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  • Writer's pictureVitor Szuster

The Truth About Electric Cars’ Sustainability

Electric cars are becoming more and more popular each day, and the reasons for that are the sustainability they offer, as well as the possibility of quick accelerations without making nearly as much noise as combustion engine cars. Because of the advertisement strategies used by manufacturers, many people believe that electric cars are 100% sustainable, though there are some concerns about their batteries.

According to the Union of Concerned Scientists, “Most electric vehicle batteries are lithium-based and rely on a mix of cobalt, manganese, nickel, and graphite and other primary components.”. These natural resources involve carbon emissions in their extraction, and it is important to keep in mind that they are finite. The way lithium is extracted, for instance, puts at risk water supplies in the deserts it is extracted from.

About the manufacturing of batteries, the International Council on Clean Transportation says: “(…)the studies indicate that battery production is associated with 56 to 494 kilograms of carbon dioxide per kilowatt-hour of battery capacity (kg CO2/kWh) for electric vehicles.”. Yet another proof showing how electric vehicles are not 100% sustainable.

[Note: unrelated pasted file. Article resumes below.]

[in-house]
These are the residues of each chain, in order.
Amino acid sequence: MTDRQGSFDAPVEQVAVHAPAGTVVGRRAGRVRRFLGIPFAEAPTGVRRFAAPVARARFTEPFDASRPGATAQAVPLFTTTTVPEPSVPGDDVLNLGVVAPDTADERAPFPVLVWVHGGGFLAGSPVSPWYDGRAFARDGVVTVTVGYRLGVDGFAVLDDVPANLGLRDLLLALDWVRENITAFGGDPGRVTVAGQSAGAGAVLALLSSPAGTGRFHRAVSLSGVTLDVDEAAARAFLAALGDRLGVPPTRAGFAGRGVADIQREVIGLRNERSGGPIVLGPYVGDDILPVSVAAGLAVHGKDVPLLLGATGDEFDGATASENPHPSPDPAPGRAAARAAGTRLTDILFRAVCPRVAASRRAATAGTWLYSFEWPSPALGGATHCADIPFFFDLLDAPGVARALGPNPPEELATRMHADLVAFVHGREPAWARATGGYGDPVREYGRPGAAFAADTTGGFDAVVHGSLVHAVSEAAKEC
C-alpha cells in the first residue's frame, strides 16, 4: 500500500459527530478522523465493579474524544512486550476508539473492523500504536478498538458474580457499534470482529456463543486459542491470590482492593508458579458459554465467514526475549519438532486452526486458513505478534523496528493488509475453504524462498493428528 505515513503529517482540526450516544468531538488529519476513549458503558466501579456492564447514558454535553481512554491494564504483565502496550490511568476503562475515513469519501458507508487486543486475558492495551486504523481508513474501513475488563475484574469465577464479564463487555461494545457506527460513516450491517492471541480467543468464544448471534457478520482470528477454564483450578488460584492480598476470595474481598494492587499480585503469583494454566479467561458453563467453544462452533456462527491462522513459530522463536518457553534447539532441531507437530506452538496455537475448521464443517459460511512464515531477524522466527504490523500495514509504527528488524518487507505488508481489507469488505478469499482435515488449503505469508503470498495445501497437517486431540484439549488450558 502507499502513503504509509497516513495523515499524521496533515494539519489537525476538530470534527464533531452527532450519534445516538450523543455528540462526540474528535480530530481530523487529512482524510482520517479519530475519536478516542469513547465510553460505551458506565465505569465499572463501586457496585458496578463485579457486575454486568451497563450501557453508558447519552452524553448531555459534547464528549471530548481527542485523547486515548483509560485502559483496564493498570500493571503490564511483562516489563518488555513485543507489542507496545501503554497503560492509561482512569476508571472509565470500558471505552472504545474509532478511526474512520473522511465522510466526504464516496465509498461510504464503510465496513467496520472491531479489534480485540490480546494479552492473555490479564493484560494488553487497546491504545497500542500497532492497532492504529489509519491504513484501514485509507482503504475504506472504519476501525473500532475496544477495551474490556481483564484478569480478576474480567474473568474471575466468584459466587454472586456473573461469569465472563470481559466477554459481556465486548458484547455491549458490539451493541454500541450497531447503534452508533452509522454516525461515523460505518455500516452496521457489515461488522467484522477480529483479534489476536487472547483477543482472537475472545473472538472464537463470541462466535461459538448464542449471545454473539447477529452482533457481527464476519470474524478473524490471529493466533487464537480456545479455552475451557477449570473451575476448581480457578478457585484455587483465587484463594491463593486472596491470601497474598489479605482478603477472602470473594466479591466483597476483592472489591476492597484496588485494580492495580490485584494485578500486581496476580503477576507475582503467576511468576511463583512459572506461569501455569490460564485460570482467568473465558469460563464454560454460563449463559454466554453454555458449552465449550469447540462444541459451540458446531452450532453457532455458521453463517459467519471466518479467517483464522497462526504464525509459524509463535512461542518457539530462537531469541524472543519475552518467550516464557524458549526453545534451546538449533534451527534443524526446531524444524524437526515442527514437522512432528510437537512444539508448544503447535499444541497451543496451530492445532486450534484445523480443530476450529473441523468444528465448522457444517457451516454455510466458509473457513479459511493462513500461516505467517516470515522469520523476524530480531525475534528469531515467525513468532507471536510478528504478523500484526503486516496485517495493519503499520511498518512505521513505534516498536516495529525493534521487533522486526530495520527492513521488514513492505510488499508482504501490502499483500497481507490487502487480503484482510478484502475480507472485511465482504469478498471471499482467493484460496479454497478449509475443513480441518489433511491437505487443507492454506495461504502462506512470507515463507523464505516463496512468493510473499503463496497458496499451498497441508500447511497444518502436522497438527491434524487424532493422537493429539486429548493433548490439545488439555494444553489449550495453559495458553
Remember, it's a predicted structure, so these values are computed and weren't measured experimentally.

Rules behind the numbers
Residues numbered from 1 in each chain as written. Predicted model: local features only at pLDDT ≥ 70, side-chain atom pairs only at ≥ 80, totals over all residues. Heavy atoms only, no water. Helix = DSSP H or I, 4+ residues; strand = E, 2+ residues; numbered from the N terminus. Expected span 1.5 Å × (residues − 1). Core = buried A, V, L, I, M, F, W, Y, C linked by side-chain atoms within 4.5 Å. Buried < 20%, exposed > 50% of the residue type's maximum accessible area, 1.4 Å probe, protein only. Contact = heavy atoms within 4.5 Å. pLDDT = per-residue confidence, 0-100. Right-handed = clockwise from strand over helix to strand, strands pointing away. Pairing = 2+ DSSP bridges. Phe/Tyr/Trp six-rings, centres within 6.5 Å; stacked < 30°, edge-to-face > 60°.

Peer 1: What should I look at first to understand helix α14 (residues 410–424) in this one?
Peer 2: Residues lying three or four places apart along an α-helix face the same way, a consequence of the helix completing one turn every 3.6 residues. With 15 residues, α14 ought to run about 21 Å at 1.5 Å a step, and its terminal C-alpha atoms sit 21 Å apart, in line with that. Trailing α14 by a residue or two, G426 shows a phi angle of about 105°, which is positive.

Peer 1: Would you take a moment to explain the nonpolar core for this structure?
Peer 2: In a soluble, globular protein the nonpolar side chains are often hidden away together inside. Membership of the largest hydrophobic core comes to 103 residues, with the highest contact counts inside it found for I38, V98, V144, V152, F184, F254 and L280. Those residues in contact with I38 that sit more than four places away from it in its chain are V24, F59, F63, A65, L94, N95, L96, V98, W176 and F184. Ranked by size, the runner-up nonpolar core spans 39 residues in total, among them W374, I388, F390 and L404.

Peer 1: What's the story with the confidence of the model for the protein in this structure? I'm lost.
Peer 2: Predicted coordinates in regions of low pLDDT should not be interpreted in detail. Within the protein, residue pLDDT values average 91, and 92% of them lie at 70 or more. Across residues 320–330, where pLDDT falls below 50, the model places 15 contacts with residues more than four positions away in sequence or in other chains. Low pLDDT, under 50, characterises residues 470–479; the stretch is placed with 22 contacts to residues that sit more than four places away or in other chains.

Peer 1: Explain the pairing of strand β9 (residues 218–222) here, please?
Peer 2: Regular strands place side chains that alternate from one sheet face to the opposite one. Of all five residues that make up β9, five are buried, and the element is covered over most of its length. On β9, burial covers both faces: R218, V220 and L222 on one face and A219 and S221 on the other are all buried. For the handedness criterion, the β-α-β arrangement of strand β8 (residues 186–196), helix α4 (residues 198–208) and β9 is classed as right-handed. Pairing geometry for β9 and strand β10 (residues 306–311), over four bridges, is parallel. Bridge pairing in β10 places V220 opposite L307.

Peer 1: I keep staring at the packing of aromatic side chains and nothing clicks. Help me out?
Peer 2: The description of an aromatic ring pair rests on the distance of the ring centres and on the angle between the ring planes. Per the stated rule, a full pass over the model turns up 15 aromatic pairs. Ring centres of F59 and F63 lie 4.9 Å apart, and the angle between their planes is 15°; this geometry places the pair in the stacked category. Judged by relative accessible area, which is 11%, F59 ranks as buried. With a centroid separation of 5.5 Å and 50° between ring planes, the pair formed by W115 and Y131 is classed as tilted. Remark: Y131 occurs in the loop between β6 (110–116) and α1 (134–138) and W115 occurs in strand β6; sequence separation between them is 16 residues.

With that being said, although electric vehicles are not as 100% sustainable as people believe they are, driving an electric car is more sustainable than a combustion engine one in 95% of the world, according to Forbes. Also, it is important to consider how the energy used by these vehicles is produced in each region to really calculate how sustainable they are.

In conclusion, it is and with time will become much better to choose electric vehicles in all senses: not only regarding sustainability, but also considering that, according to Coltura, some EV batteries are already lasting as much as 500,000 miles, more than two times the average combustion engine lasts. That, in turn, means that car manufacturing rates may drop a lot as this type of vehicle becomes more popular.

Works Cited

“Electric Car Batteries And The Environment — Coltura - moving beyond gasoline.” Coltura, Accessed 8 April 2022.

“EV batteries.” Union of Concerned Scientists, 9 March 2018, Accessed 8 April 2022.

Hall, Dale. “Effects of battery manufacturing on electric vehicle life-cycle greenhouse gas emissions.” International Council on Clean Transportation, Accessed 8 April 2022.

“Lifetime emissions of EVs are lower than gasoline cars, experts say.” CNBC, 26 July 2021, Accessed 8 April 2022.

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